Quit hiding your meaning!

Don’t make it hard for your readers to understand your meaning.  Speak directly to your readers instead of hiding your meaning with nouns, passive verbs, and indirect references. A letter quoted by Joseph M. Williams’ Style: Toward Clarity and Grace illustrates failures you can find in financial writing. His solution can also help financial writers. […]

mutual fund fact sheet tips

4 tips for mutual fund fact sheet templates

“What’s your best advice for someone who’s creating mutual fund fact sheets?” A colleague’s question spurred this list of tips for mutual fund fact sheet templates that you can use repeatedly. 1. Write your fact sheets so they are compelling, clear, and concise Focus on the information that your readers care about. Replace jargon with […]

mind map

Mind maps: can they win buy-in for your writing?

“Do you ever circulate mind maps for buy in from executives at firm that you are writing for? For example, chief investment officer or marketing executives?” This question arose during my latest investment commentary webinar. I am a big fan of using mind maps in the writing process. Most people know mind mapping as a […]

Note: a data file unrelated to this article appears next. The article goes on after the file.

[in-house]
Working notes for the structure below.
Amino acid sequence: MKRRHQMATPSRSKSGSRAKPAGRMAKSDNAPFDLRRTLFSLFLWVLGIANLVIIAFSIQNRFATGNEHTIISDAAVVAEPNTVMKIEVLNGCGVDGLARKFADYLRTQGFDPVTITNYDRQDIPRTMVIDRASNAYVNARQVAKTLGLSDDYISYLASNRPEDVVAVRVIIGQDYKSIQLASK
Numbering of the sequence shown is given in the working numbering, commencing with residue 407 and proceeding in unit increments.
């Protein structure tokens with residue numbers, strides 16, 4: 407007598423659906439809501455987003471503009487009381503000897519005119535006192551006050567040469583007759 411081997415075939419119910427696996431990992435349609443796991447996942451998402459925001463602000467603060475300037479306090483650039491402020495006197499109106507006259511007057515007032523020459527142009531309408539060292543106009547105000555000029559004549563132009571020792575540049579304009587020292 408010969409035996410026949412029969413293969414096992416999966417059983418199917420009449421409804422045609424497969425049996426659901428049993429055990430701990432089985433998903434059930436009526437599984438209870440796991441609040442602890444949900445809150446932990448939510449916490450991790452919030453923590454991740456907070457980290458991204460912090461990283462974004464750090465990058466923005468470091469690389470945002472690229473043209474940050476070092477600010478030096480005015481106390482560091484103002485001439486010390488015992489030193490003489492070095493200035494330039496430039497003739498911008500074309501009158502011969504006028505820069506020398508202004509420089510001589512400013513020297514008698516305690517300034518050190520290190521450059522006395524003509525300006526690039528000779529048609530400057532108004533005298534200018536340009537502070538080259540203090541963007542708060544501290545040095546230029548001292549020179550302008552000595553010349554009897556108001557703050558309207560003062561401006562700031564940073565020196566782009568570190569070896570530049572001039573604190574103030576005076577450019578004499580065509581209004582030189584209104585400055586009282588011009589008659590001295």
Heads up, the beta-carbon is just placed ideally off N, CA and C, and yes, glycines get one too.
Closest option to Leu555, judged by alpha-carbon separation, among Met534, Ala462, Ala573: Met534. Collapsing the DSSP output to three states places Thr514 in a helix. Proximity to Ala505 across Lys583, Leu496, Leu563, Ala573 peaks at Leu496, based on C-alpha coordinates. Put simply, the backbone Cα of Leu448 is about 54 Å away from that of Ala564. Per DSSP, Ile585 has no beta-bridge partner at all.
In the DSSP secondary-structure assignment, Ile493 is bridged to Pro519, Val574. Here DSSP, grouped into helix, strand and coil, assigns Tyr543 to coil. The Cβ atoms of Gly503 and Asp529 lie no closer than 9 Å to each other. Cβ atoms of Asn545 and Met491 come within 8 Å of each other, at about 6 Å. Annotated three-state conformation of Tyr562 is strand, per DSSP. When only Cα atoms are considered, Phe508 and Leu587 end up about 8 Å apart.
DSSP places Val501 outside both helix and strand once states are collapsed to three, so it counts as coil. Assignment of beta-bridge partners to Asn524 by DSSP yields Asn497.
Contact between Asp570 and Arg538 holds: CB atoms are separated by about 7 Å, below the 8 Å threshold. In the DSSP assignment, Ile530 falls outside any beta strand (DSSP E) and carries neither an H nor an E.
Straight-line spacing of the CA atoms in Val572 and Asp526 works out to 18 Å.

print newsletter as dinosaur

Print newsletter vs. e-newsletter for financial marketers

Should you send a print newsletter or an e-newsletter? I’m asking this question because I just added a 28-page paper newsletter to my “to read” pile. This newsletter wouldn’t have commanded my attention if it had come via email. While newsletters printed on paper and sent via the postal service are becoming dinosaurs, you may […]

thumbs down for bad writing by financial experts

Why experts love bad writing

Many financial marketers and writers complain to me about investment and wealth management experts who love bad writing. Well, maybe they don’t love bad writing, but they insist on jargon-laden, wordy prose, even when offered better alternatives. I’ve tried to provide ammunition for talking experts out of bad writing, in posts like “Seven Ways to […]